Back in the tasting room after a hiatus of several weeks, I am wrestling with whether my approach to tasting notes helps readers or makes wine seem too la-di-da for them.
Some fairly well-known wine writers have weighed in on the subject recently, the general thrust of their criticism being that it’s a fool’s errand to try to paint a detailed picture of a wine. Specific descriptors only turn off potential wine drinkers.
So where does that leave me as I face a row of 20 Washington Cabernet Sauvignon blends? The way I see it, readers want me to sort the wines out for them, to describe them well enough to understand what makes one better than another. You need enough information to decide if you want to buy the wine I’m reviewing. I need to differentiate them from each other.
My approach is to sketch out the general outlines of a wine—broad or narrow, fruity or savory, tart or soft—then home in on what distinguishes it. That’s usually a combination of characteristics, sometimes the level of tannins, or the quality of the tannins, from plush to gritty. Some wines feel dense, others more transparent. Does the acidity make it feel racy, or soft? Is the wine mouthfilling or delicate?
But often it’s a distinctive flavor profile. In the Cab blends this week, some showed typical black cherry fruit, others more currant or plum. Some displayed more savory flavors, such as roasted meat or herbs. Others had nuances reminiscent of warm stones (the much-debated minerality). Some tasted of oak, with vanilla, clotted cream or spicy notes.
Are these specific flavor notes pretentious? I know that everyone isn't going to taste exactly the same things. We all have different sensitivites to all the elements in wine, including flavor esters. But good writing, we are taught, aims for specifics, not easy generalities. Believing that should apply to tasting notes too, I try to be specific, but I also try to keep the number of descriptors manageable. For most wines I rough out the structure in two or three words, and keep the flavor descriptors to two, three or four terms.
Some critics run much longer tasting notes than that. Trying to find the golden mean can be tricky. For me, a good wine that scores in the mid-80s may only need 10 to 15 words to give you the idea. But a score in the mid-90s, with more complexity and more detail to describe, needs to have a more complete case made for it.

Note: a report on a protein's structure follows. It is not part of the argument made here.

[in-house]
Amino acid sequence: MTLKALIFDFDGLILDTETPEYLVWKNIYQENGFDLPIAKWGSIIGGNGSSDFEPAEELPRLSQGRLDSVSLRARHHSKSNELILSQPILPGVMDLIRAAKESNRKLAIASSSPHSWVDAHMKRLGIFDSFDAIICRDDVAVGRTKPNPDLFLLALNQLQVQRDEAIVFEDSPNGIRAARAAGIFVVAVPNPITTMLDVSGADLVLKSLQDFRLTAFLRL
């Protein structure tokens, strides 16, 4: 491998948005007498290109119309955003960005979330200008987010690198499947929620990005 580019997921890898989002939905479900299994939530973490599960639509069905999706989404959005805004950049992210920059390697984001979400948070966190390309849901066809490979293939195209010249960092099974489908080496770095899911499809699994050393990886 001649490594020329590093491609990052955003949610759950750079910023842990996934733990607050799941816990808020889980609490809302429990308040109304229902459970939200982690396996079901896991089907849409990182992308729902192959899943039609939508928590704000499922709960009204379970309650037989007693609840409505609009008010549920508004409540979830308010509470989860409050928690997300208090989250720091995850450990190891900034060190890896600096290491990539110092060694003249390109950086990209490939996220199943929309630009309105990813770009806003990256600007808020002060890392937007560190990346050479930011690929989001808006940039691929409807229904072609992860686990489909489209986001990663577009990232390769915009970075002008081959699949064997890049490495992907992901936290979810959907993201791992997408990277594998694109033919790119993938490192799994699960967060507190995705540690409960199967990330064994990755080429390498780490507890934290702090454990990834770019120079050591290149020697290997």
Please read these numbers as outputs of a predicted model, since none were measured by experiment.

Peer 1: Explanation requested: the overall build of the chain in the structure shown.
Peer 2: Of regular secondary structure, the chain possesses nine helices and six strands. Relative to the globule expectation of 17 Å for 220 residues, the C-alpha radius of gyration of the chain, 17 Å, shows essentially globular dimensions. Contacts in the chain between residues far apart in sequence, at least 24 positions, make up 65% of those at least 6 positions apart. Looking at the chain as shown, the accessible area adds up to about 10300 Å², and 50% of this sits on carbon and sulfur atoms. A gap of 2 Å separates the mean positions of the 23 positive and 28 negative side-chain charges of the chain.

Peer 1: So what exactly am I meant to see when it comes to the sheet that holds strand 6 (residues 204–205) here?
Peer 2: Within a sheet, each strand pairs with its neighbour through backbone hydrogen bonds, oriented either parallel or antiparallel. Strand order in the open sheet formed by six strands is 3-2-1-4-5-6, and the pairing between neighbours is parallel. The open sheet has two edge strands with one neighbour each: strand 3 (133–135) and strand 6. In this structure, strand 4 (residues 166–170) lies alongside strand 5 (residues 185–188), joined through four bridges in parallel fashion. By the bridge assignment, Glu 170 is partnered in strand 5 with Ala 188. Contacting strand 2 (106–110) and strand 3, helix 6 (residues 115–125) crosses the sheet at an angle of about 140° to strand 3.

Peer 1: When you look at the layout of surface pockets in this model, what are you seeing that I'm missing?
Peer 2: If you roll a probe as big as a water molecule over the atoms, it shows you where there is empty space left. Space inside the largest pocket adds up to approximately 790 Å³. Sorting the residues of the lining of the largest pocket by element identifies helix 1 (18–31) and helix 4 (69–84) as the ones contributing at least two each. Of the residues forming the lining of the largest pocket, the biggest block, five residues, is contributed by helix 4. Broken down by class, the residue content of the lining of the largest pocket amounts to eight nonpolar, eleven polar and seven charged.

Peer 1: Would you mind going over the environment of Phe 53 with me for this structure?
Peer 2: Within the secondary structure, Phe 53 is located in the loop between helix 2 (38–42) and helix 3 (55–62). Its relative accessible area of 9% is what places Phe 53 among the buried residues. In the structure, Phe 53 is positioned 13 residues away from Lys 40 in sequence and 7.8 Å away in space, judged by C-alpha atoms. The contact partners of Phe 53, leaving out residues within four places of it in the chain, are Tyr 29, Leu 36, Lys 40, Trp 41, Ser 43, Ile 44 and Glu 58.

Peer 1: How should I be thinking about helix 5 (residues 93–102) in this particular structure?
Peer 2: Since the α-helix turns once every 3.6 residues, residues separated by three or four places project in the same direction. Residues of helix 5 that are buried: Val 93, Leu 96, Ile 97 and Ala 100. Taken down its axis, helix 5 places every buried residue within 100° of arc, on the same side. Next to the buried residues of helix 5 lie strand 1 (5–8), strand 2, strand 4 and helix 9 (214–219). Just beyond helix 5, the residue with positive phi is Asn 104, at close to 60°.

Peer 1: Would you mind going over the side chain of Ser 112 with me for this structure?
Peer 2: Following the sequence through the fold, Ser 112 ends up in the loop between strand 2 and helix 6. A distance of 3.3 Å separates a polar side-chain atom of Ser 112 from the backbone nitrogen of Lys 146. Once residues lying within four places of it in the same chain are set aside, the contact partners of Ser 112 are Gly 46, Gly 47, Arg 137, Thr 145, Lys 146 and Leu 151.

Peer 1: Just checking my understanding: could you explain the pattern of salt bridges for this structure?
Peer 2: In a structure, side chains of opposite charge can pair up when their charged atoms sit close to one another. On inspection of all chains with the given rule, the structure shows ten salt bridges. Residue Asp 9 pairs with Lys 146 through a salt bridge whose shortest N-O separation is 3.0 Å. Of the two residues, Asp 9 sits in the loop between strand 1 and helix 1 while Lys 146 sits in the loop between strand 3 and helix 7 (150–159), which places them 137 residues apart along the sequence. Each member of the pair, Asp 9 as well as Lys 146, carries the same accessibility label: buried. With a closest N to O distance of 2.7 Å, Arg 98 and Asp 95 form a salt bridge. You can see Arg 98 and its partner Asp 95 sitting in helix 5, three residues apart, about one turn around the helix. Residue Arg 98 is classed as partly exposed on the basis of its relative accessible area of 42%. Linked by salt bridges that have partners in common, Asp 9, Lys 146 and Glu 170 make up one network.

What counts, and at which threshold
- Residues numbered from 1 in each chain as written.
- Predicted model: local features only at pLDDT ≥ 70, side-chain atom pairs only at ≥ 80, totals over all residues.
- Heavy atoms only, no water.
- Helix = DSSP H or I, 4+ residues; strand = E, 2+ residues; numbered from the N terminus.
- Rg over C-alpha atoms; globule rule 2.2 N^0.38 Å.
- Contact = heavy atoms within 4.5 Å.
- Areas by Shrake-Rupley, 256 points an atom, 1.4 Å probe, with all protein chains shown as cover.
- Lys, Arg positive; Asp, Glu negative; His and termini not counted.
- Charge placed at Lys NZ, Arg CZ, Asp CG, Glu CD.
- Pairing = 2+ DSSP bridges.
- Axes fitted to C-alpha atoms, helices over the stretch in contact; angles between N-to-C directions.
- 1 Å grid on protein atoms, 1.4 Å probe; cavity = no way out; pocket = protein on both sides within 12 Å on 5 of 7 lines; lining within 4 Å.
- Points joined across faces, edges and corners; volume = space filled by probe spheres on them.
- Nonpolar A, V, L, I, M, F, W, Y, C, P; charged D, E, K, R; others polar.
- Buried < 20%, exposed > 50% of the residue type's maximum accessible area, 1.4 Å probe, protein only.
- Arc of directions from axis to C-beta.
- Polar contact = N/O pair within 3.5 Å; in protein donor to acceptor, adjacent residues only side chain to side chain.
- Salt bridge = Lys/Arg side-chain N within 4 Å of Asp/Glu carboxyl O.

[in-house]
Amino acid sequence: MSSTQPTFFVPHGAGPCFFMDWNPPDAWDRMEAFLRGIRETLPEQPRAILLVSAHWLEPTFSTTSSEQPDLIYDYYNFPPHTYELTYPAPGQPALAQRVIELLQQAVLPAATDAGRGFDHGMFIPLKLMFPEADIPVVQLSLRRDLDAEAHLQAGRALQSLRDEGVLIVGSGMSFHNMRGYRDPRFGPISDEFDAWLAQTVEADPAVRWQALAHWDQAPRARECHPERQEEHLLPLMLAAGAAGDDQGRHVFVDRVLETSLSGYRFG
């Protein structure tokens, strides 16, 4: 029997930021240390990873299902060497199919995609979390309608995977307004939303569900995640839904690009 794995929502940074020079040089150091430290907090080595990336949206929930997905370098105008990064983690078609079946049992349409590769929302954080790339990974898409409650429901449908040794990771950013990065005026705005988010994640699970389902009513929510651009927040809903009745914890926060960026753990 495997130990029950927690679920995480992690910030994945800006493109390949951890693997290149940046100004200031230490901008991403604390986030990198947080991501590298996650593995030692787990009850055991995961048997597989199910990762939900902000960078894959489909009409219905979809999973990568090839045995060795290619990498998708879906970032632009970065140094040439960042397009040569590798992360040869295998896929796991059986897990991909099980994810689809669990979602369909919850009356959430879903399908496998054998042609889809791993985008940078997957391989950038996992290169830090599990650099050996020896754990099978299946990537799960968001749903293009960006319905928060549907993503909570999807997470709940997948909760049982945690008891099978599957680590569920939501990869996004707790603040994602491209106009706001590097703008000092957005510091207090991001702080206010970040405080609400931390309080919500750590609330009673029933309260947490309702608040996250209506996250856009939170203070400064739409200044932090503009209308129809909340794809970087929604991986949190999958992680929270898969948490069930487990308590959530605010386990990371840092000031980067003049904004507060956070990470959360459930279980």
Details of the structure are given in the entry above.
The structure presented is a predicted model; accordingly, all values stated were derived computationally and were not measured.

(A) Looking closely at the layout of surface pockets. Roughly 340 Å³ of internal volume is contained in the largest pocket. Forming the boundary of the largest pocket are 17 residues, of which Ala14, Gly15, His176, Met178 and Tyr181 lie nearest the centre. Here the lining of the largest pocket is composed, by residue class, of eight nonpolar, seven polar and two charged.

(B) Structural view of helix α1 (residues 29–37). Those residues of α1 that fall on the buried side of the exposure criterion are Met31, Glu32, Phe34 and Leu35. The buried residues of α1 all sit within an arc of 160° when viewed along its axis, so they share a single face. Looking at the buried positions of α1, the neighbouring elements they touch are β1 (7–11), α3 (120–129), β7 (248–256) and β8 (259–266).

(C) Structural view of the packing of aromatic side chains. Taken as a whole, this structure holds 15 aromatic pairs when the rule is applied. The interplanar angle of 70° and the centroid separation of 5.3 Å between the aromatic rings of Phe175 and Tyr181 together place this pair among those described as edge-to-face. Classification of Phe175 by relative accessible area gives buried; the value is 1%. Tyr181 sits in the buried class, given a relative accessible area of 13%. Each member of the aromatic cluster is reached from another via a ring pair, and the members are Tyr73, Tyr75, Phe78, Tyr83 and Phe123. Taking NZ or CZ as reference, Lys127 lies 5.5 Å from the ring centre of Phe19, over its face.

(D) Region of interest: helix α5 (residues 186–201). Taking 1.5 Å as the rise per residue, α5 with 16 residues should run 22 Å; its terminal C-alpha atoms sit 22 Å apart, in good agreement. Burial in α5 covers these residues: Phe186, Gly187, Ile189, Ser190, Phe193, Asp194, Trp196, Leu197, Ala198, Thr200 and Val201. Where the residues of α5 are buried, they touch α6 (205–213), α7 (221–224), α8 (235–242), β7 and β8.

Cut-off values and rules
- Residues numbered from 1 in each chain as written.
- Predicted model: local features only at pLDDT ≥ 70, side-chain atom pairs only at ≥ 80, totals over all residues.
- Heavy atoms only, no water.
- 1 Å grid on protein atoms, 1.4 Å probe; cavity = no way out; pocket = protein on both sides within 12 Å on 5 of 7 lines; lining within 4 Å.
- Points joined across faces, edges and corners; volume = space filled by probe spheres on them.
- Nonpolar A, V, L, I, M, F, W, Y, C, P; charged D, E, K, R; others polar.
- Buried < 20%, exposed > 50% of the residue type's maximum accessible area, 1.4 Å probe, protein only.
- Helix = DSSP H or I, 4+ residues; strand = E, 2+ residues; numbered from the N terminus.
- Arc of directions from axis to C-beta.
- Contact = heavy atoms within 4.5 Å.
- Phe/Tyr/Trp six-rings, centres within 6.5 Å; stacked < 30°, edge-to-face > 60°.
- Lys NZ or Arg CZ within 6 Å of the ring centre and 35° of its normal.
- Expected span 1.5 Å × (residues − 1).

And then there’s the whole issue of tasting blind. Here at Wine Spectator, we do, because we don’t want to be swayed by preconceptions. I always thought that was a given, because if I know whose wine I am tasting it’s way too easy to make my judgment fit what’s expected, rather than what is. Besides, I don’t want a label’s reputation or my personal relationships with people at the wineries I review to affect how highly I rate their wines. Blind tasting takes that element out of the equation.
What happens when a wine that ought to be fantastic comes up short? Maybe a faulty cork stripped the wine of its flavor without leaving a telltale corky character. Maybe I just whiffed on it. That’s why we always ask for two bottles. A second bottle can resolve such questions. If I suspect the bottle before its identity is revealed, it can be replaced on the spot. Otherwise, the second bottle goes into another tasting.
To be clear, reviewing wines for publication is not a parlor game where someone brings out a mystery wine and challenges everyone to identify it. In tastings we know enough about the wines to put them in context—region, grape variety, vintage. We just don’t know who made them or whether we’re tasting a $6 bottle or a $100 bottle. I can always add a phrase or sentence to put the wine in context if it’s better or worse than expected. But first the judgment of how good it is gets locked in.
A good tasting note should serve the reader with a concise but thorough description, colorful if the wine deserves it, the words expanding on a rating free of bias.